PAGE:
National Handwriting Day 2010

Those of you in the States might want to take a little extra pride in your scribbles tomorrow. It’s the birthday of one of the most famous signers of the U.S. Constitution – John Hancock – and is, in his honor, National Handwriting Day.

The handwriting holiday is sponsored by the Writing Instrument Manufacturers Association as “a chance for all of us to re-explore the purity and power of handwriting.”

John Hancock Signature

From the WIMA website:

Handwriting allows us to be artists and individuals during a time when we often use computers, faxes and e-mail to communicate. Fonts are the same no matter what computer you use or how you use it. Fonts lack a personal touch. Handwriting can add intimacy to a letter and reveal details about the writer’s personality. Throughout history, handwritten documents have sparked love affairs, started wars, established peace, freed slaves, created movements and declared independence.

That’s actually a pretty nice way to put it. The association also has a few recommendations for how to make handwriting a regular part of your life.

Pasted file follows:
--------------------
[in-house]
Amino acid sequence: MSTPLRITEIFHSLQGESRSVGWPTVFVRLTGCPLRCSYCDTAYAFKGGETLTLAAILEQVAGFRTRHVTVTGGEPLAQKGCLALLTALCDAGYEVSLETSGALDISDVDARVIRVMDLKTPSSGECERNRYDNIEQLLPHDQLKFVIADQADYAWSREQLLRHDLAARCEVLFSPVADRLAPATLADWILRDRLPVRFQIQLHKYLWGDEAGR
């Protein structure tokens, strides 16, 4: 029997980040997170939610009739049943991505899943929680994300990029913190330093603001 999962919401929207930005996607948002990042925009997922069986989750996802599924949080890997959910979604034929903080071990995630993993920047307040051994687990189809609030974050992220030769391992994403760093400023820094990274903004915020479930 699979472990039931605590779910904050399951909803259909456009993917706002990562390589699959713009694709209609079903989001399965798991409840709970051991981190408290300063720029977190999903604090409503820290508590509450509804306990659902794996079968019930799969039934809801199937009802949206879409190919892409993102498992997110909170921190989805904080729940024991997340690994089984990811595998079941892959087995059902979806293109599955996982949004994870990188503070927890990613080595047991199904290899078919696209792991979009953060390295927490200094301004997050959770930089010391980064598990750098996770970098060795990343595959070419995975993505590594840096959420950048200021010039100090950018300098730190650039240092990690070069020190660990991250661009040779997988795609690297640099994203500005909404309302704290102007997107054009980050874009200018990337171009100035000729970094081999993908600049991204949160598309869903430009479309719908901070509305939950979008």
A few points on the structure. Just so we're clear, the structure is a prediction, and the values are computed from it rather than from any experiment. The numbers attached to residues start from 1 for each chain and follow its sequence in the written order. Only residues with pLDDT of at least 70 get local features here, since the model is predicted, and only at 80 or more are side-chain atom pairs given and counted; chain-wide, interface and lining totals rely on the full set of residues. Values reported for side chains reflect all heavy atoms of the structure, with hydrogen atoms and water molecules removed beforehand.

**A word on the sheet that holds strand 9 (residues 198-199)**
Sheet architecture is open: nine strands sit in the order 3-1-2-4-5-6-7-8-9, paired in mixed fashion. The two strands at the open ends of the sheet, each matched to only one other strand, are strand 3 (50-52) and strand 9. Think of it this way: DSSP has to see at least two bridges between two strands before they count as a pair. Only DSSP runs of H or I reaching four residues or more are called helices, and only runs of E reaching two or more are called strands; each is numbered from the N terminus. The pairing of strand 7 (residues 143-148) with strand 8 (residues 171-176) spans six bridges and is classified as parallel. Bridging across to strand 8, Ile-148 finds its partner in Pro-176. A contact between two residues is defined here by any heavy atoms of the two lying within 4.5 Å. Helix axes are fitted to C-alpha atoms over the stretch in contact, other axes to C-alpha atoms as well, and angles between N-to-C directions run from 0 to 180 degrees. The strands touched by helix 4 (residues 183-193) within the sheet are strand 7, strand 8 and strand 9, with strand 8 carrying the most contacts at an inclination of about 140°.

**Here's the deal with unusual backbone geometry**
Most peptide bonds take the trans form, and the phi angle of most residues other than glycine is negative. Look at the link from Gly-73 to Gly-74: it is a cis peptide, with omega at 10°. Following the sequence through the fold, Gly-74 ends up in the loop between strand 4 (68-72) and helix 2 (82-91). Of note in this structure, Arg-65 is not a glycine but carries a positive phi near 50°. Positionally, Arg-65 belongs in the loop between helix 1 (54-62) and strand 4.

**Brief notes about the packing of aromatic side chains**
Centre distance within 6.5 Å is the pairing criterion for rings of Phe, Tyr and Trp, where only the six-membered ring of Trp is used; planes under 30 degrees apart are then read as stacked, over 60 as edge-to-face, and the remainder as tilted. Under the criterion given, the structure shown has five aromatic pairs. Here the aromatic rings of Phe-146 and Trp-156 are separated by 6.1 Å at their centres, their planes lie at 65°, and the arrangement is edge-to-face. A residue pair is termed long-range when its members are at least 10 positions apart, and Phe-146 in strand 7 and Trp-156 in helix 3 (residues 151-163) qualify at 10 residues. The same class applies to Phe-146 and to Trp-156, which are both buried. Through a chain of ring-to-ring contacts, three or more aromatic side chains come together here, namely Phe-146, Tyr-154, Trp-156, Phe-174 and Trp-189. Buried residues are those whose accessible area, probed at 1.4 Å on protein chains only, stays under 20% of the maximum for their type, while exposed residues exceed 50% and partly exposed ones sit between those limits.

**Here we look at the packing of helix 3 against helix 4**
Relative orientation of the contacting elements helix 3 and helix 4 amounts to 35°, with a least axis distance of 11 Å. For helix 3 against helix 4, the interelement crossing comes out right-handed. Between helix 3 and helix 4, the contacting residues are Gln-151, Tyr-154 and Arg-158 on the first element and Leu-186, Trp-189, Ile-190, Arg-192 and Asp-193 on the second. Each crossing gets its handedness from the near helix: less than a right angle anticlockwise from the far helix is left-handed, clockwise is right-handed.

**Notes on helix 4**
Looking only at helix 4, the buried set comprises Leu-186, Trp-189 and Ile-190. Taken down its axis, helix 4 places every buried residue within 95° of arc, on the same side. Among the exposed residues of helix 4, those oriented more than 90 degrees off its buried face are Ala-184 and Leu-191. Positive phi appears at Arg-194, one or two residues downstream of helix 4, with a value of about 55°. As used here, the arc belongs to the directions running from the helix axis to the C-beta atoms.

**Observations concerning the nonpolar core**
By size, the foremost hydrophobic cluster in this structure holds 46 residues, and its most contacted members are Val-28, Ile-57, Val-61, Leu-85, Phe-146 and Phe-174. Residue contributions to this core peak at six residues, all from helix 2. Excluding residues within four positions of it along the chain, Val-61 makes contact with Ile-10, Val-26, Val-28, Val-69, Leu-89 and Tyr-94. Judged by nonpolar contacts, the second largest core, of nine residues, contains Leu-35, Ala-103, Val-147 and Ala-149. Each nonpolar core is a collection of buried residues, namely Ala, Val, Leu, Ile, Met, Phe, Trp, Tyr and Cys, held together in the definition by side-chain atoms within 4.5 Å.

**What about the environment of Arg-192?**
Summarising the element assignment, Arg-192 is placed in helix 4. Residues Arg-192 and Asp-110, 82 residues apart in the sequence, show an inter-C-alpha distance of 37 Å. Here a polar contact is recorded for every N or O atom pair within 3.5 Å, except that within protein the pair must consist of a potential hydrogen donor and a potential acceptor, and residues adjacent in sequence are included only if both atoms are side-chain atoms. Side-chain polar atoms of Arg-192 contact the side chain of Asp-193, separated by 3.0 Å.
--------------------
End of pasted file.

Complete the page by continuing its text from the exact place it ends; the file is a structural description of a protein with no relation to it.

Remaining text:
• Make a variety of pens and pencils available throughout the home or workplace.
  • Look for unusual and attractive writing instruments, and use them to make writing letters, notes and even journal entries and lists a little more special.
  • Make handwritten birthday cards for friends and loved ones.
  • Set aside time each month for the whole family to write letters to important people in their lives.

Meanwhile, to celebrate good handwriting, Pentel pens is holding a handwriting contest. To enter, you have to explain what independence means to you in 500 characters or less. Of course, the entry has to be handwritten.

You can submit your writing sample by uploading a photo of it to Twitter or Facebook, or by sending it to the company’s offices in Canada (there’s a little irony for you.) The deadline is Jan. 31, and the prize seems mostly to be bragging rights.

2 thoughts on “National Handwriting Day 2010”

  1. A good point about the lack of personal touch with computer fonts. However personal a computer produced letter is, it sometimes feels that you could be reading a utility bill. When you take time to actually write a note or letter, the recipient knows that you have taken time out to think about them and not slotted them in between an email or sending out a reminder.

    • It’s unfortunate, but the passing of handwritten letters is the same thing that makes them so exciting. They’re a pleasure to receive because we receive so few of them. I wonder if we would enjoy letters as much if they were much more common.


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